- Nicholas BrownDied 17 Dec 1694 in Portsmouth, Newport, Rhode Island. Nicholas was admitted to Aquidneck Island on June 27, 1638. Nicholas Browne appears on the roll of freeman at Portsmouth, 1655.
- Ralph Earle,1655 List of Freemen Portsmouth RICR, may have moved.
- Jobe Haukins Died after 1682 in Portsmouth, Newport ,Rhode Island.
- George LawtonDied 5 Oct 1693 in Portsmouth, Newport, Rhode Island. He arrived in New England before 1638. In that year, he was admitted as an inhabitant of Aquidneck, Rhode Island. On April 30, 1639, he was one of the incorporators of Portsmouth, Rhode Island.But he was also one of the original settlers of Westerly, Rhode Island in March 1661/62.
- Thomas Layton,Thomas LawtonDied before 27 Sep 1681 in Portsmouth, Newport, Rhode Island. 1639: April 30: Thomas Lawton/Layton among those listed in establishing the second government at Portsmouth, Rhode Island. 1639: July: Thomas was granted land at Portsmouth. 1655: Thomas was made Freeman. 655 to 1661: Served as Commissioner.
- Anthony Payne Died 6 May 1649 in Portsmouth, Newport, Rhode Island.
- Nathanyell Potter, Died 1644 in Portsmouth, Newport, Rhode Island
- John Roome Died before 9 Nov 1663 in Portsmouth
- John Trippe,Died 28 Oct 1678 in Portsmouth, Rhode Island. list of freemen of Portsmouth drawn up in 1655. He was a member of the town council. He was deputy for Portsmouth in the General Court (legislature) thirteen times between 1648 and 1675 and in 1656 he served for Providence. He was chosen assistant in 1670, 1673, 1674 and 1675
- Edward Willcoks Died after 20 May 1638 in Portsmouth, Newport, Rhode Island. May 20, 1638, he was listed as an inhabitant of Portsmouth, Rhode Island
- Adam Mott, Died 19 Dec 1673 in Portsmouth, Newport, Rhode Island.
- John Mott, Died 2 Apr 1661 in Portsmouth, Rhode Island.
- George Potter, Died Sep 1640 in Portsmouth, Newport, Rhode Island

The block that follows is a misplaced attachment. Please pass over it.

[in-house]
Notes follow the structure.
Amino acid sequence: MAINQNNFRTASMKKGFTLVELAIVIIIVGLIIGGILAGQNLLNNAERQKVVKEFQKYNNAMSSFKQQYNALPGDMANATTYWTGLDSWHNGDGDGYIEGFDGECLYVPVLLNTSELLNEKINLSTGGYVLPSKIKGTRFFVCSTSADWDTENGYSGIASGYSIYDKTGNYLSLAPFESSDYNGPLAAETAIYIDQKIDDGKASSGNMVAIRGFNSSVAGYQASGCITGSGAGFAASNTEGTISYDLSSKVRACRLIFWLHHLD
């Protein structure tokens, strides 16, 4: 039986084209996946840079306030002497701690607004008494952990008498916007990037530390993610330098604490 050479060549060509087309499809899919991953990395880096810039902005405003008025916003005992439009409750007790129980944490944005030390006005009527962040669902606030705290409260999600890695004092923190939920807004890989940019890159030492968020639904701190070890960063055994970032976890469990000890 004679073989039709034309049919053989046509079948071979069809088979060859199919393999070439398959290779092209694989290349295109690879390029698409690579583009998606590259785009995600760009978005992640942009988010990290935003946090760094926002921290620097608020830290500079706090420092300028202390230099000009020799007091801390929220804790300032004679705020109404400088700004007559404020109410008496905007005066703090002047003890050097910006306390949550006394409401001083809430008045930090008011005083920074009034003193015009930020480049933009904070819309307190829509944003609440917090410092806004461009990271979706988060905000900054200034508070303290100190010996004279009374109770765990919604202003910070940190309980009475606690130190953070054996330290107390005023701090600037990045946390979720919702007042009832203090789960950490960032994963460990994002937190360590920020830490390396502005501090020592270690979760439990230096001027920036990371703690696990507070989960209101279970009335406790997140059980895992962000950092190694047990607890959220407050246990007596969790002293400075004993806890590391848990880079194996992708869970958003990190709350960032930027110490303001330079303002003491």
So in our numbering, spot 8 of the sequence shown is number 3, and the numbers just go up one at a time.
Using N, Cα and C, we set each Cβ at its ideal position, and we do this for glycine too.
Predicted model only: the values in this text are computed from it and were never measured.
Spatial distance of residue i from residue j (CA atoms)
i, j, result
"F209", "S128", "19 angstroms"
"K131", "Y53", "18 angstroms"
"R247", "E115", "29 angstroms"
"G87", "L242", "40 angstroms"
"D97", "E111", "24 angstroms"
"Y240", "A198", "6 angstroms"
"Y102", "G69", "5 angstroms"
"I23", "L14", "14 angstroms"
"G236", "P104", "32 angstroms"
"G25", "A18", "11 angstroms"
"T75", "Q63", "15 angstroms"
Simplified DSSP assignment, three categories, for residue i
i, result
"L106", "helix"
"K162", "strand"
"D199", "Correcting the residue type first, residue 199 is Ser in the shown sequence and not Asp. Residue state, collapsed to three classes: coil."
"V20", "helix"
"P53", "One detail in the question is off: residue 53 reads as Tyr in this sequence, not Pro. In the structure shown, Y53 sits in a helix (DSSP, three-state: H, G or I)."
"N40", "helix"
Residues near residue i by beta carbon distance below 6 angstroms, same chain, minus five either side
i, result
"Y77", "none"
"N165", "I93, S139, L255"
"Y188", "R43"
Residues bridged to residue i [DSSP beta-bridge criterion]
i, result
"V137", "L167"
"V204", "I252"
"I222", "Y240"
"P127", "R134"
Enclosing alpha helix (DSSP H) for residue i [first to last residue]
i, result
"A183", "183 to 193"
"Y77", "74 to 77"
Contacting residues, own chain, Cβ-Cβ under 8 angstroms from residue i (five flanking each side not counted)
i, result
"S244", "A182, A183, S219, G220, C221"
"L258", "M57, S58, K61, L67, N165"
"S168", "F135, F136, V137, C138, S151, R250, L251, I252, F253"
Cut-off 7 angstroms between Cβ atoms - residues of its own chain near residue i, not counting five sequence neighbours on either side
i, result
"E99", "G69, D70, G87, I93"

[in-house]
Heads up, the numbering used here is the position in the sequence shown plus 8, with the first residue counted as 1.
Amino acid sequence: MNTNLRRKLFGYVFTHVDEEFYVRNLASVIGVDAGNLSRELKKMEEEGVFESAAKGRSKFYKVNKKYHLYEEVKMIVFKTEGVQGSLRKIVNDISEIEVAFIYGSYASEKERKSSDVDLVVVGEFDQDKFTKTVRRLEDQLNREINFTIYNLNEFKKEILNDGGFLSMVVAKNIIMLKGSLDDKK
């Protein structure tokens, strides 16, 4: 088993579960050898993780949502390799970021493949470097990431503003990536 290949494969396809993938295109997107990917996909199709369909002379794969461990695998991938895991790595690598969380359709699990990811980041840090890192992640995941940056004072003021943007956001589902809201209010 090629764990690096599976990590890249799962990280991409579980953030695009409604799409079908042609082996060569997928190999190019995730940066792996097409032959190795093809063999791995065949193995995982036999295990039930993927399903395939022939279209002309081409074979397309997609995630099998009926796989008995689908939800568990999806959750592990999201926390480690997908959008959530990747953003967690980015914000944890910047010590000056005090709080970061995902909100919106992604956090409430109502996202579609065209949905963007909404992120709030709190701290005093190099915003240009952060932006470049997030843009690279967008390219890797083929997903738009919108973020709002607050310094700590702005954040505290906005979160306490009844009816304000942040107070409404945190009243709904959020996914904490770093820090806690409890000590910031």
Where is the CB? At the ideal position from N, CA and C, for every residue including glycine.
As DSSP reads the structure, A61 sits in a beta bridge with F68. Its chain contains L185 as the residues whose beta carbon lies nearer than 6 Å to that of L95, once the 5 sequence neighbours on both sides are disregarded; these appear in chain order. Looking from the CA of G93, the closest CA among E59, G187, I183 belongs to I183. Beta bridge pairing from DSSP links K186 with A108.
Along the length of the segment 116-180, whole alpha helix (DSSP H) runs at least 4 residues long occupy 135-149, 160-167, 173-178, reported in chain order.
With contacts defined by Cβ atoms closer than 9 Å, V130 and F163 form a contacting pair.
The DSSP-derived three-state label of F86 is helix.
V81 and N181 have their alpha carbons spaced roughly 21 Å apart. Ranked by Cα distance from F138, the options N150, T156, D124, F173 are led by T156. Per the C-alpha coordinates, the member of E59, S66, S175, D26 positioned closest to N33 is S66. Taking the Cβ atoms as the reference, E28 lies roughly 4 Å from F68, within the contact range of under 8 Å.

- George Parker,Died 1656 in Portsmouth, Rhode Island
- William Havens, Died before 25 Sep 1683 in Portsmouth, Newport, Rhode Island
Signers of 1st and 2nd Contact and those admitted who left Portsmouth
- Many people who had been part of the settlement at Portsmouth separated.
Went to Newport
- Newport, also on Aquidneck, having a good harbor, became the larger town. The Portsmouth area remained more rural for many years.
- Newport Newport: eight founders and first officers Nicholas Easton, William Coddington, John Clarke, John Coggeshall, William Brenton, Jeremy Clark, Thomas Hazard, and Henry Bull.
- Others who went to Newport
- Thomas Clarke(brother of John), died 2 Dec 1674 in Newport, Newport, Rhode Island
- William Dyre (husband of Mary Dyer) removed to Newport by 16 Mar 1640/1 when he was made freeman there. Mary Dyer died a Quaker martyr 1 Jun 1660 in Boston, Massachusetts.
- Robert Stainton Died 29 Aug 1672 in Newport, Rhode Island
- George Gardiner, admitted an inhabitant of Aquidneck in 1638. In 1639 he was made a Freeman of Newport.
- Ralph Earle He settled in Portsmouth and later Newport, Rhode Island.
- Joseph Clarke,1838 He was admitted as an inhabitant of Portsmouth, RI, 1639 He was admitted as an inhabitant of Newport, RI. 1668 Westerly, Washington Co., RI. He was admitted as a freeman in Westerly, RI
- Robert Carr, Died before 4 Oct 1681 in Newport, Newport, Rhode Islandmap
Back to Boston
- Edward Hutchinson, Jr., decided in a few years he preferred Boston for his residence. During King Philip's War, Capt Edward Hutchinson, on Aug 2, was wounded by Nipmunk Indians at Marlborough, Massachusetts. ...He died of his wounds on August 19th, 1675, at Marlborough, aged 62, (carved on his grave stone). Edward's body was buried at Springhill cemetery, Marlborough, Massachusetts.
- Thomas Emons admitted as Freeman of Portsmouth on 12 March 1640, Thomas Emins, was admitted to be an inhabitant of Boston, June 29th, 1648."
Founders of Warwick
- (Original purchasers, 1643) Randall Holden,[[Green-10080} John Greene]], John Wickes Francis Weston Samuel Gorton Richard Waterman John Warner Richard Carder Samson Shotten Robert Potter William Wodell Nicholas Power
- Richard Carder returned to Boston and Roxbury where he and additional men who were Gorton followers were tried for heresy and on November 3, 1643 ...by January 12, 1642/3 he was one of the men who bought the twenty-mile stretch of land from the Narragansett. By 1644 he was living in Warwick and found to be on a list of freemen by 1655.
- Randall Holden, 1642: settled Warwick, Rhode Island